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To ask or not to ask (about sex)? by Micol Artom (NHS)

Talk

55 mins

How do we maintain clinical safety whilst ensuring a service responds to the needs of people with different sexes and genders? This talk explores the challenges faced in conducting in-depth user research with people who are trans, non-binary and have differences of sex development to improve a live national health service in the UK.

Date and time:

Thursday, 9 November - 13:30-14:25 GMT, 8:30-9:25 EST, 5:30-6:25 PST

Intended audience: 

Registration opens: 9 October

Register
Date and time:

Thursday, 9 November - 13:30-14:25 GMT, 8:30-9:25 EST, 5:30-6:25 PST

Register

111 online is a triage service which directs people to the best place for their symptoms. All users are asked 'What was your sex at birth?' at the beginning of their journey, and not answering prevents them from progressing further. For certain conditions, a user's biological sex may affect the clinical questions they're asked, however not all health problems will be affected by sex at birth.

The 111 online have received feedback from users indicating that they have barriers in answering the sex at birth question. Some users struggle to answer the question accurately, do not understand the reason why the question is asked and experience discomfort in having to provide this information. The question has also prevented some users from using the 111 online service entirely.

We conducted five rounds of research including with more than forty remote interviews with users who were gender diverse or had differences of sex development to better understand what barriers they face in answering questions about sex and gender, and how the way 111 online collects information about them could be improved. We completed discovery research, tested more than 15 different designs and worked with clinicians and developers to assess the feasibility of the desired changes. The key finding was that the service didn't always need to ask for sex upfront.

This talk will firstly give a brief overview of the context, methods, and findings of the research. It will then focus on the methodological and clinical challenges the researchers faced in conducting the research and developing a strategy for implementing its recommendations. The audience will take-away inclusive approaches to recruiting for, interviewing and analysing research about sex and gender. They will also learn about novel ways of communicating sensitive findings to clinicians in a way that fosters change whilst still prioritizing clinical safety.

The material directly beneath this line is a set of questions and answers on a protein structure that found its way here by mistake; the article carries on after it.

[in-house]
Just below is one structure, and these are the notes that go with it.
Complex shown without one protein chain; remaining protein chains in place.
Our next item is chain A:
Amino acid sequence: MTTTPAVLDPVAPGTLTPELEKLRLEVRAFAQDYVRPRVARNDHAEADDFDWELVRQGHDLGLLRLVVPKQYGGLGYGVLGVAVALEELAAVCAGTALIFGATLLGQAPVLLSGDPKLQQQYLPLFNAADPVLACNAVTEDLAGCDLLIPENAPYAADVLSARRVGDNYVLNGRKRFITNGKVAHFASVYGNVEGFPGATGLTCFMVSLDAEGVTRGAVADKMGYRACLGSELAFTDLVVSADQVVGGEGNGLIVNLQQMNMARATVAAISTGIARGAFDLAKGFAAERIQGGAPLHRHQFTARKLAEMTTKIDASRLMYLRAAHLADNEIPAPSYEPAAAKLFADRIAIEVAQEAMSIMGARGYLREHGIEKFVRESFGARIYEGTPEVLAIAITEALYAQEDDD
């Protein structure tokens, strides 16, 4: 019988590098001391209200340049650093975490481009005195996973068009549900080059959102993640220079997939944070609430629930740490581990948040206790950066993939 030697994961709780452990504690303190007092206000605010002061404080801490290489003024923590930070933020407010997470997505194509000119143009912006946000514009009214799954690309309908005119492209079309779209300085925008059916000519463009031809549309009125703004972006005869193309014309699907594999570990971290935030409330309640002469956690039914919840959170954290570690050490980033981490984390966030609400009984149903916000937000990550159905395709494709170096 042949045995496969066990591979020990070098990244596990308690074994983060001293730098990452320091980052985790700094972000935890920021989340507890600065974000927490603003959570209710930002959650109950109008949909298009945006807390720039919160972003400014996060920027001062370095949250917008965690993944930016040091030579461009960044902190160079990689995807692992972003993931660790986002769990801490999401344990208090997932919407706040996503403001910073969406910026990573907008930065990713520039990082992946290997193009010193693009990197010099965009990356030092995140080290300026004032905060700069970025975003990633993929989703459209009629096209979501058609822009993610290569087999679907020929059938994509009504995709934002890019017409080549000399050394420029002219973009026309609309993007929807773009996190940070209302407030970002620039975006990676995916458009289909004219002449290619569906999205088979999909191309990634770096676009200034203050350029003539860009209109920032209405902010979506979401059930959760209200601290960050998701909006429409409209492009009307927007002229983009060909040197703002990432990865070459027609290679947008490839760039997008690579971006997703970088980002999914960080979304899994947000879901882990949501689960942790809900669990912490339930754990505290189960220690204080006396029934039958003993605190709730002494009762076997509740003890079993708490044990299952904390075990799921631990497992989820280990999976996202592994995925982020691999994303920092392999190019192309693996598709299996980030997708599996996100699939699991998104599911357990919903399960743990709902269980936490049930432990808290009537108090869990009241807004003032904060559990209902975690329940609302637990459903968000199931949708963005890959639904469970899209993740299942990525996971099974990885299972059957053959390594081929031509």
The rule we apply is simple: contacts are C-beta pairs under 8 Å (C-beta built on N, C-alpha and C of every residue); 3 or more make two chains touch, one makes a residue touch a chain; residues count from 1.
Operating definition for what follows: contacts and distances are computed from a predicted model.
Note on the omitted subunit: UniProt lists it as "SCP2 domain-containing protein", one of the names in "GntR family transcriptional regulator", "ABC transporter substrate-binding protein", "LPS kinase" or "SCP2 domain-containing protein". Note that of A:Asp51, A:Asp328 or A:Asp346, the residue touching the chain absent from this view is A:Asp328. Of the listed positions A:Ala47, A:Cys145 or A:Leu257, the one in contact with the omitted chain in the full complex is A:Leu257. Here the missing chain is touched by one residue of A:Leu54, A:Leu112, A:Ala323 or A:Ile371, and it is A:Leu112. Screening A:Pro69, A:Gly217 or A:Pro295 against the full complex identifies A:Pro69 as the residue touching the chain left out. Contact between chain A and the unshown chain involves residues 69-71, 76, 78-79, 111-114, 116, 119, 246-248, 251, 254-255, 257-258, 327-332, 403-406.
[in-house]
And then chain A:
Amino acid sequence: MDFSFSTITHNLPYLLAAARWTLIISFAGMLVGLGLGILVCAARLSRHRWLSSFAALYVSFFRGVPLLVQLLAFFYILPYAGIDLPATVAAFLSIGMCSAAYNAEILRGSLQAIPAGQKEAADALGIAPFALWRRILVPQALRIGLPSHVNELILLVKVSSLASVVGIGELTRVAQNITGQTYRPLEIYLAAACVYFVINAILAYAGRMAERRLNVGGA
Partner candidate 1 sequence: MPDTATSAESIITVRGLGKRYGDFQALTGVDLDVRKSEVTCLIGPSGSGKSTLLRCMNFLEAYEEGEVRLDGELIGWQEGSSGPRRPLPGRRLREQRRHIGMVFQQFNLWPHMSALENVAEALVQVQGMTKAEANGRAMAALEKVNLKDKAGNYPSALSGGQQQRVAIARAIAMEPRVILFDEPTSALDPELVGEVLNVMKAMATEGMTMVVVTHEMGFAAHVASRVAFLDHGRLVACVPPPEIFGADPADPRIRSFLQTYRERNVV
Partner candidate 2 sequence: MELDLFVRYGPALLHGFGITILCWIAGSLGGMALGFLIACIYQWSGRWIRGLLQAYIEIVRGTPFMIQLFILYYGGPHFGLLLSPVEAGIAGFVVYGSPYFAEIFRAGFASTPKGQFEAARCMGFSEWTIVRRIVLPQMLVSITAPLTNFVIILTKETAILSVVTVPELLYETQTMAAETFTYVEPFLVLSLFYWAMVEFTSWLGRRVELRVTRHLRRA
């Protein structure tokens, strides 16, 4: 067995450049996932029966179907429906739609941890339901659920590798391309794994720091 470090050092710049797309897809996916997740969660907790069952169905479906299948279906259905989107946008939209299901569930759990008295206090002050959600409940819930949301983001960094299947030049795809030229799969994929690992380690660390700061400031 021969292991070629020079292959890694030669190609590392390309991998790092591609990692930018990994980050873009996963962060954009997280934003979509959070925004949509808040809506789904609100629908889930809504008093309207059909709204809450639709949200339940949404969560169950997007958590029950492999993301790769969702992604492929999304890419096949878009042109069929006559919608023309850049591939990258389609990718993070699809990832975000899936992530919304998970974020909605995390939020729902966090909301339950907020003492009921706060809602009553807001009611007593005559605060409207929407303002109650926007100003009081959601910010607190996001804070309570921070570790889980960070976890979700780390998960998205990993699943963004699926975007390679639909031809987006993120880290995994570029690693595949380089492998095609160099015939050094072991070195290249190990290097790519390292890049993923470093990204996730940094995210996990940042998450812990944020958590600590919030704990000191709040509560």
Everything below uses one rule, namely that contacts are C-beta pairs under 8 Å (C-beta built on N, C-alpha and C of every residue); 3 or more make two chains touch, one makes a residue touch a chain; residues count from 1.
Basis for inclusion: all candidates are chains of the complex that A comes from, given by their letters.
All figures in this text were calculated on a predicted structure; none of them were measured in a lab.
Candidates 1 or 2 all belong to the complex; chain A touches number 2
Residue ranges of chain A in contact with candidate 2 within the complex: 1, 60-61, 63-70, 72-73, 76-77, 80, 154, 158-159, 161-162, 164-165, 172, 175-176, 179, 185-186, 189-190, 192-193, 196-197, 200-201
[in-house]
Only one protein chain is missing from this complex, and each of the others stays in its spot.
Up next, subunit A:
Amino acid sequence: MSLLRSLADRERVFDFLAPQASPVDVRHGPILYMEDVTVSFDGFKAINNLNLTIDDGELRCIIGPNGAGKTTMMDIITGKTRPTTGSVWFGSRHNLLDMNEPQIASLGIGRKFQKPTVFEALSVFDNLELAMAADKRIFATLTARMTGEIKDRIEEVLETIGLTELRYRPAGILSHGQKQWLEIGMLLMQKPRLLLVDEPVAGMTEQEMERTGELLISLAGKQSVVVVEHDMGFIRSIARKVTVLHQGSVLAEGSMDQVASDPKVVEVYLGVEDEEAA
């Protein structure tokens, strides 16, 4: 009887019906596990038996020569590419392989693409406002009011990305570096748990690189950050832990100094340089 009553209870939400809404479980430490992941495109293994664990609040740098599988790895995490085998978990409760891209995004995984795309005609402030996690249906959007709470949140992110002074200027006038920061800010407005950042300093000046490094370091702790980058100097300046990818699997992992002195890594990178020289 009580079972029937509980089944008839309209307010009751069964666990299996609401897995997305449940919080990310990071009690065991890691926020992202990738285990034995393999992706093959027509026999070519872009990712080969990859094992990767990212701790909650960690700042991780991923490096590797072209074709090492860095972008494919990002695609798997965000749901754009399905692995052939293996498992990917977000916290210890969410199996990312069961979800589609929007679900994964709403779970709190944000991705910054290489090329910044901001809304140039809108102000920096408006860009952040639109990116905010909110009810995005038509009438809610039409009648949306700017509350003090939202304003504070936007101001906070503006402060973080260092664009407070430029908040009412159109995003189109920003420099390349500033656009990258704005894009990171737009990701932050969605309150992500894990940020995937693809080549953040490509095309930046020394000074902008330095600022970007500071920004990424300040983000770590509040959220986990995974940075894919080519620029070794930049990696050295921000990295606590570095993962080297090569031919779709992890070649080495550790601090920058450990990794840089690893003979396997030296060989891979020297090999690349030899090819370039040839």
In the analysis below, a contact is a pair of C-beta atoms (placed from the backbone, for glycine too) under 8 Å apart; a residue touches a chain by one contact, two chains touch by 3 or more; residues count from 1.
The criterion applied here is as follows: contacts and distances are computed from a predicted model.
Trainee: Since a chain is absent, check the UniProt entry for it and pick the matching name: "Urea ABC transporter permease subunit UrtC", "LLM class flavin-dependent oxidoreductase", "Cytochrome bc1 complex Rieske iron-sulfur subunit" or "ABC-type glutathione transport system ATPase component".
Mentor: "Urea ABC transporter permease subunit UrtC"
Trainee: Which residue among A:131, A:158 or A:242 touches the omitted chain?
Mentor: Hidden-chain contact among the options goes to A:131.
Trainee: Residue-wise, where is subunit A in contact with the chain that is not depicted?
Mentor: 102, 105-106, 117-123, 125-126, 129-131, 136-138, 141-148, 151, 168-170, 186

Close-up of Micol Artom smiling with a blurred image of a city street in the background.

Senior User Researcher

Left

Senior User Researcher

Right

Left

Senior User Researcher

Middle

Right

Hostile Documentary

1h 38m | 2022

111 online is a triage service which directs people to the best place for their symptoms. All users are asked 'What was your sex at birth?' at the beginning of their journey, and not answering prevents them from progressing further. For certain conditions, a user's biological sex may affect the clinical questions they're asked, however not all health problems will be affected by sex at birth.

The 111 online have received feedback from users indicating that they have barriers in answering the sex at birth question. Some users struggle to answer the question accurately, do not understand the reason why the question is asked and experience discomfort in having to provide this information. The question has also prevented some users from using the 111 online service entirely.

We conducted five rounds of research including with more than forty remote interviews with users who were gender diverse or had differences of sex development to better understand what barriers they face in answering questions about sex and gender, and how the way 111 online collects information about them could be improved. We completed discovery research, tested more than 15 different designs and worked with clinicians and developers to assess the feasibility of the desired changes. The key finding was that the service didn't always need to ask for sex upfront.

This talk will firstly give a brief overview of the context, methods, and findings of the research. It will then focus on the methodological and clinical challenges the researchers faced in conducting the research and developing a strategy for implementing its recommendations. The audience will take-away inclusive approaches to recruiting for, interviewing and analysing research about sex and gender. They will also learn about novel ways of communicating sensitive findings to clinicians in a way that fosters change whilst still prioritizing clinical safety.

Micol Artom (she/her)

Micol Artom is a Senior User Researcher at NHS England. She manages a team of researchers for the UK-based Urgent and Emergency care service, NHS 111 online. Previously, she worked on COVID-19 Testing for 18 months focusing on their inclusive research. Her background is in academia, she completed a PhD in Health Psychology and a post-doc in digital health before transitioning into UR in the Public sector.

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